She signed up for a 30-day detox challenge in 2019 which allowed her to see how different life could be, hangover-free.
‘It gave me back a lot of clarity,’ she said, adding: ‘I think your sober journey begins from the moment you start thinking about reassessing your relationship with alcohol.’
Ms Lionnet dipped in and out of these programmes for a year, but always returned to the bottle when the challenge wrapped.
To the outside world, she was in control of her life, but behind closed doors the reality was very different.
Ms Lionnet (back row, second from left) credits sober social media groups which have provided her with an online community of like-minded alcohol-free friends (pictured) for keeping her on track over the past 18 months
‘I’d stumble home and he’d have to drag me in from the garden or find me passed out on the couch,’ she said.
‘He was the only one seeing me how I really was, and eventually he said “I don’t know if I want to marry you, I can’t be your carer.”
‘It made me realise I never want to be the person that someone has to look after.’
But it wasn’t until she started educating herself about what excessive alcohol consumption really does to the body that she was able to fully relinquish her dependence.
Alcohol causes damage to the liver, heart and brain, as well as digestive difficulties which are triggered by the large quantities of acid drinks are laced with.
It has also been shown to disrupt and reduce sleep quality, with drinkers who imbibe shortly before bed often experiencing restlessness and debilitating fatigue the following day.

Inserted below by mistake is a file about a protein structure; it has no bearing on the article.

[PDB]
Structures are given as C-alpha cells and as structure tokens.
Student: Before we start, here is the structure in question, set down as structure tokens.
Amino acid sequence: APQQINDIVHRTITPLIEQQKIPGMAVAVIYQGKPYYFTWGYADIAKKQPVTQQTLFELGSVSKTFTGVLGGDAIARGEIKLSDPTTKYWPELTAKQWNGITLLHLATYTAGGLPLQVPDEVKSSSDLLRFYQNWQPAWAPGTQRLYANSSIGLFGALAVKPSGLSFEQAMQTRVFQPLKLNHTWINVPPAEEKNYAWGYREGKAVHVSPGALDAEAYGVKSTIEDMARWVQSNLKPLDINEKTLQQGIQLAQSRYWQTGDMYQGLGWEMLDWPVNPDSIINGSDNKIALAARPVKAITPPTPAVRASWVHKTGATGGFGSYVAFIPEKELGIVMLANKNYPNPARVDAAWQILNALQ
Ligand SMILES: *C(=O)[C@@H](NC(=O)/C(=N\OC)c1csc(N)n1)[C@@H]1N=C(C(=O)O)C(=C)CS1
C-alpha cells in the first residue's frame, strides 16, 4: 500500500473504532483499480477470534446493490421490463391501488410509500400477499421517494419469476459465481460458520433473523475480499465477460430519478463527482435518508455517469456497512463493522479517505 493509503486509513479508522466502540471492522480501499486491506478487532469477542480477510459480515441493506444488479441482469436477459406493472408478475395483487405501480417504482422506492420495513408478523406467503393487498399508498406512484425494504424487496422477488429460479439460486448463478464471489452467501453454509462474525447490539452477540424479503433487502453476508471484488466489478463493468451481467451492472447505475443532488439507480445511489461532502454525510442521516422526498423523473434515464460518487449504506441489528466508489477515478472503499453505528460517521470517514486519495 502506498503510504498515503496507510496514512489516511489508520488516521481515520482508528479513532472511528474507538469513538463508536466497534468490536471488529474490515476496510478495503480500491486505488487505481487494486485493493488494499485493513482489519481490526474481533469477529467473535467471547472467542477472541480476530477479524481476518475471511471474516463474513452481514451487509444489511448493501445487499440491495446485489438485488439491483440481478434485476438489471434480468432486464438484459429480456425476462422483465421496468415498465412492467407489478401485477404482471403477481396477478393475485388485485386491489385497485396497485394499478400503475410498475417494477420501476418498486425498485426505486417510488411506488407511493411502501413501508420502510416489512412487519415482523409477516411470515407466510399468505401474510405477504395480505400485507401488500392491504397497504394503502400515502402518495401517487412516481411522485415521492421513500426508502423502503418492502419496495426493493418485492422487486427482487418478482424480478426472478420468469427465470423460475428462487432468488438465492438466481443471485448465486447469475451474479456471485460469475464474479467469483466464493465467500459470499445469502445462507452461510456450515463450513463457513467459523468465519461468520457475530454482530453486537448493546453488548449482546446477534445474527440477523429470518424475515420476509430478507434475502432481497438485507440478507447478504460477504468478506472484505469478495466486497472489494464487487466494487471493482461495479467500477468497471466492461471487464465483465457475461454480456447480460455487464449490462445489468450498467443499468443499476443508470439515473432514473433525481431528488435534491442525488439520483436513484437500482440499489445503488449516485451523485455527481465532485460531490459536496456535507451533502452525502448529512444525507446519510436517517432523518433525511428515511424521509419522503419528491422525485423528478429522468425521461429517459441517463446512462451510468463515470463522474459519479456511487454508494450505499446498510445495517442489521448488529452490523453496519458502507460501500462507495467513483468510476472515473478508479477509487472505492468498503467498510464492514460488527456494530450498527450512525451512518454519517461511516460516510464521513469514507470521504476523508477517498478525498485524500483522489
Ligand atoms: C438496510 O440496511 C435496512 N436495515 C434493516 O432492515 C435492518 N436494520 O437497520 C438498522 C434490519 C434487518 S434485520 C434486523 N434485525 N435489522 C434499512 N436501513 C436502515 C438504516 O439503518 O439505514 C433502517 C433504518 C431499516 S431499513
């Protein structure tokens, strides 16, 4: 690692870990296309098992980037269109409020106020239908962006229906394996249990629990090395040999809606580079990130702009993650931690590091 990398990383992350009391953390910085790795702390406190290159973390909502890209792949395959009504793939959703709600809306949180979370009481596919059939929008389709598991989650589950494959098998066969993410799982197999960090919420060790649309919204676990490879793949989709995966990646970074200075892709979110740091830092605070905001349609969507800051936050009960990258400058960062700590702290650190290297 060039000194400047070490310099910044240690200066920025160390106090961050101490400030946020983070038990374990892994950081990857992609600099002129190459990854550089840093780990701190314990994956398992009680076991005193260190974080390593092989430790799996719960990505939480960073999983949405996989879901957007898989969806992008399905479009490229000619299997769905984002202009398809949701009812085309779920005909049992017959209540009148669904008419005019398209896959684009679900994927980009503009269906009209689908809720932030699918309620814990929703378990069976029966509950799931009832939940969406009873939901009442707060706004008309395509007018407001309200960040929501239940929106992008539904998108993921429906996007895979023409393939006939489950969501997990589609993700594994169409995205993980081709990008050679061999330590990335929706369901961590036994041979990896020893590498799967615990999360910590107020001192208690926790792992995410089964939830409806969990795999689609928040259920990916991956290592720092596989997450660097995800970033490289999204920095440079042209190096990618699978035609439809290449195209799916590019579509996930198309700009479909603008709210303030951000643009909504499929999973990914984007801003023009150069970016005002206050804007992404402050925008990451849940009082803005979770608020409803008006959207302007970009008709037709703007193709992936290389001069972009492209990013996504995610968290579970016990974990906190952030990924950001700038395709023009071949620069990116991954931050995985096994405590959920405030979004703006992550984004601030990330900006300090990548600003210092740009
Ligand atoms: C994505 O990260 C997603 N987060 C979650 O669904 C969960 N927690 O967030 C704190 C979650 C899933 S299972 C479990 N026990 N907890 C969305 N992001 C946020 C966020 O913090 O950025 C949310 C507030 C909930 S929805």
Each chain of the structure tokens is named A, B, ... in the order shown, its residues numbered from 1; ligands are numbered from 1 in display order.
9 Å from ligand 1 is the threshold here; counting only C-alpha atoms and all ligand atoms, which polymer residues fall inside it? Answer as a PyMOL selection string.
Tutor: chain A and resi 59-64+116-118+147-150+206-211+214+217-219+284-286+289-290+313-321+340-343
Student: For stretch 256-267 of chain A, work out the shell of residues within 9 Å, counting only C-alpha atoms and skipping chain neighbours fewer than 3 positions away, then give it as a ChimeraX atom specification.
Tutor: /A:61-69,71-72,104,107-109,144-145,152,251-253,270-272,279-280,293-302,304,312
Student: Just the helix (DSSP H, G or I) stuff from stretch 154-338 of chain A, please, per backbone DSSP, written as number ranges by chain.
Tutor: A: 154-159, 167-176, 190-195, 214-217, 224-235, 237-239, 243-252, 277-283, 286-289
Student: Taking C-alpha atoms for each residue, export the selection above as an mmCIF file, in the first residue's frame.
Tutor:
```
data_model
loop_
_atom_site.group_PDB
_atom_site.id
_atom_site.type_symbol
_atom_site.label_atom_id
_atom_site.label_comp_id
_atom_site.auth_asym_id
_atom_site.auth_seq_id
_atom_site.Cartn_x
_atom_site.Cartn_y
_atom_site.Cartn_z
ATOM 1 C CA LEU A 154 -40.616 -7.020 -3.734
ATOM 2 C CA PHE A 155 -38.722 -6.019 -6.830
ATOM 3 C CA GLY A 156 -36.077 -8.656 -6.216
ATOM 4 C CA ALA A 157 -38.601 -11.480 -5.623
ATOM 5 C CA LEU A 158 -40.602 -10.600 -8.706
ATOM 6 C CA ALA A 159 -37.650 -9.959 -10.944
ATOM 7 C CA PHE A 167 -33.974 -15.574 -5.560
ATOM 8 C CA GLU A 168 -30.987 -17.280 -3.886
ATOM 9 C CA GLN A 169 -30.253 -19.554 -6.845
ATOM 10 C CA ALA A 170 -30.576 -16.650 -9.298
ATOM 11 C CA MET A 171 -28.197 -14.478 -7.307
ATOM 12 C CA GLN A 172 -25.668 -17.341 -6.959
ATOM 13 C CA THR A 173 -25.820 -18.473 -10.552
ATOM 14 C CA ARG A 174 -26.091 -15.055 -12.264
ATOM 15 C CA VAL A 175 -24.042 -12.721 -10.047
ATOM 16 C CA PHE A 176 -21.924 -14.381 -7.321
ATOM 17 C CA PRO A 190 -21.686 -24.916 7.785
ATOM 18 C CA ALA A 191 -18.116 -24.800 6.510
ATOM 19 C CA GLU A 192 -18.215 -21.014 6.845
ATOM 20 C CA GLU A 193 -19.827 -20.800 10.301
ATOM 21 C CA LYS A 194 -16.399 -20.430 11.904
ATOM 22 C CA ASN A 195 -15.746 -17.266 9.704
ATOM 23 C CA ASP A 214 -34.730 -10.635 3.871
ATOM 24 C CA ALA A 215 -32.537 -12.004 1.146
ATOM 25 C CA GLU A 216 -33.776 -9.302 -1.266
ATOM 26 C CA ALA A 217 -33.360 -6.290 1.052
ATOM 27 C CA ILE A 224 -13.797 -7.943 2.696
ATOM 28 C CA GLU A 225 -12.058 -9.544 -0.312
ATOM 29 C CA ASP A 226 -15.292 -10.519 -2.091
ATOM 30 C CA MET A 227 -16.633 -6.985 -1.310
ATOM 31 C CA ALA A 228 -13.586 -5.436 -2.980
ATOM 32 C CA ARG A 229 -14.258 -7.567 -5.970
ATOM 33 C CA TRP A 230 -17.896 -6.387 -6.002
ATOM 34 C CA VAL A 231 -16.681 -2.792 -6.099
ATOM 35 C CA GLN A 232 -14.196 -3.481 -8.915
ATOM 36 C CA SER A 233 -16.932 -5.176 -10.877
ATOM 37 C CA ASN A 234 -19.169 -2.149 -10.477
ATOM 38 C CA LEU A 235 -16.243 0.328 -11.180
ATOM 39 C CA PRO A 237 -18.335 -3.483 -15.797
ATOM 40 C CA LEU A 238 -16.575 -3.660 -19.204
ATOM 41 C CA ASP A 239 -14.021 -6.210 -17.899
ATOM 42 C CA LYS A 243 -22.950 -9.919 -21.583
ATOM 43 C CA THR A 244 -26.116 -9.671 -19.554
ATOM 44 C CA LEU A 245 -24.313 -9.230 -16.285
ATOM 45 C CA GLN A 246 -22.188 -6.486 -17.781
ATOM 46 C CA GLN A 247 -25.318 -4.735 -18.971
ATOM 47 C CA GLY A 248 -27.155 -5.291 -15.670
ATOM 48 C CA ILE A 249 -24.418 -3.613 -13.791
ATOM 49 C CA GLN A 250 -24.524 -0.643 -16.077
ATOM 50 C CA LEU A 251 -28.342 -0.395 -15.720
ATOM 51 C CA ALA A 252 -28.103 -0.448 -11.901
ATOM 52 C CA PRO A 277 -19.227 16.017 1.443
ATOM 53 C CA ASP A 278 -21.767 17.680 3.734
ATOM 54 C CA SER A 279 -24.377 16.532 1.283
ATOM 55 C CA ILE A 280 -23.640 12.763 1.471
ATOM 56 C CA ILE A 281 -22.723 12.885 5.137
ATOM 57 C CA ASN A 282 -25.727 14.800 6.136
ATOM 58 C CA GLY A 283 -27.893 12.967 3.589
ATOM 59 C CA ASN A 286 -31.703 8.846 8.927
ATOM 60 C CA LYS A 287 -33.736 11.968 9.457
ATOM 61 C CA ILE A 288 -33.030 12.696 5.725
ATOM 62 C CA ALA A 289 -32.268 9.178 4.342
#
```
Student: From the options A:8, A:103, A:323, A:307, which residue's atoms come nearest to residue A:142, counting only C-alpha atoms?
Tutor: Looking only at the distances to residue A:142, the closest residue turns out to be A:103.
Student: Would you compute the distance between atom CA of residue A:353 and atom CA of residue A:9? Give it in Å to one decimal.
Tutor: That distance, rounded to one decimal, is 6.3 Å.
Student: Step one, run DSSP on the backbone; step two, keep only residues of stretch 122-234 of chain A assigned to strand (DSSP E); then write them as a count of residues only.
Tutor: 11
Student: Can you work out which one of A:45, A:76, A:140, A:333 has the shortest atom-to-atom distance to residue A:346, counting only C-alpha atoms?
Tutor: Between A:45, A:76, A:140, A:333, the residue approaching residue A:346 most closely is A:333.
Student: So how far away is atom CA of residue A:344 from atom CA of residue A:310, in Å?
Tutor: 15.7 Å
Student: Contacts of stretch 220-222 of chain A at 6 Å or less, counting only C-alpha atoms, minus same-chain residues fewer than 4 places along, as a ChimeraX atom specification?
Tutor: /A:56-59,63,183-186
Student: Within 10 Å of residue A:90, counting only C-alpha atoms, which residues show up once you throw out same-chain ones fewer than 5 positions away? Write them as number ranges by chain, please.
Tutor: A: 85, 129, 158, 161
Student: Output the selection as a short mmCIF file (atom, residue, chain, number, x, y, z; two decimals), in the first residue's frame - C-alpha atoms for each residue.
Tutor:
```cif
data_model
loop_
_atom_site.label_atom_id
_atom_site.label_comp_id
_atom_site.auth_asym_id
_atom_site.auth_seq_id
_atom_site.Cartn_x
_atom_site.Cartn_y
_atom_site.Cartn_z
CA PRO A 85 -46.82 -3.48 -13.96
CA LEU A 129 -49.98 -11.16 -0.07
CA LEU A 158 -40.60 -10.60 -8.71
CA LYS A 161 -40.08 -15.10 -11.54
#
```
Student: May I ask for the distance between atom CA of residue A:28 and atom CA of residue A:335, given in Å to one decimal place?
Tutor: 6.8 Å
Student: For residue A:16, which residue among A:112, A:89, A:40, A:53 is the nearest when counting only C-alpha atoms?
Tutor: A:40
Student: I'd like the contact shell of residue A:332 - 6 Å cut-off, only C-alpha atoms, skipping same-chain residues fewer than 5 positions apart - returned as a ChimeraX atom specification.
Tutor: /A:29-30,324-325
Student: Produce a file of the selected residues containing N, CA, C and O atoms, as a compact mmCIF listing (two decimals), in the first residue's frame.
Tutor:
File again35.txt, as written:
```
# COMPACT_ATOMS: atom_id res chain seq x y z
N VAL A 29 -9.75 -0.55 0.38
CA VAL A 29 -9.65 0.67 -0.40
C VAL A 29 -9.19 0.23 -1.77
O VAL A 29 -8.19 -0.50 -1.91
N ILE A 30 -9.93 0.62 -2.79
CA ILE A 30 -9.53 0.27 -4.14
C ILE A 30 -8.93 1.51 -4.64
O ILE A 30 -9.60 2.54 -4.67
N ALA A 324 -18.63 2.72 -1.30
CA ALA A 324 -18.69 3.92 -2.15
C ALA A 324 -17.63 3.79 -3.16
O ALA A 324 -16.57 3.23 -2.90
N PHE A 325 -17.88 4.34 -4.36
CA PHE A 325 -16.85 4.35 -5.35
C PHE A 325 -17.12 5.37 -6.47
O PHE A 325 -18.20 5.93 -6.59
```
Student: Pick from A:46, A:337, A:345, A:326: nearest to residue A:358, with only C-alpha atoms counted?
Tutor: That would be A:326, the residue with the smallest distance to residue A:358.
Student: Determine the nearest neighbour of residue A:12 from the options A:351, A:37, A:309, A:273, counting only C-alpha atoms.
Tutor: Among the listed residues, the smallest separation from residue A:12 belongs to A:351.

A former drinker’s top three tips for giving up alcohol
1. Connect with the sober community
‘This can be done in whatever way works for you, but whether it’s AA, a local support group or an online forum, you need to be reaching out and talking to people,’ Ms Lionnet said.
2. Learn about alcohol
One of the things Ms Lionnet believes has kept her from relapsing is educating herself about what alcohol consumption really does to the human body.
Books she recommends include Holly Whitaker’s ‘Quit Like A Woman’ and ‘Annie’s Naked Mind’ by Annie Grace.
3. Simultaneous self-discovery
Ms Lionnet believes you need to understand why you are drinking if you want to stop.
‘You need to find out what experiences have caused you to drink and resolve them at the root,’ she said.
This can be done through therapy, participating in alcohol-free challenges or anything that works on transforming your beliefs to align with your true moral values, Ms Lionnet says.
Source: It’s Not Me It’s Booze
Experts say binning the booze for just one month can transform your health, provided the temporary abstinence leads to a more moderate and mindful approach to drinking in the long run.
Dietitians and fitness coaches promise even short periods without alcohol will improve memory, mental clarity and sleep, as well as promoting weight loss and reducing pressure on the liver which starts to cleanse itself just one hour after your last drink.
Doctors say abstaining from alcohol for as little as one month can enhance concentration and decision-making, while also reducing the risk of mental health issues including anxiety and depression.
Ms Lionnet attests to this, claiming that ‘100 per cent, no question’ both herself and her clients have seen clarity improve in a matter of weeks.
‘People just back themselves, they make quicker, clearer decisions and trust their instincts much more so than when they were drinking,’ she said.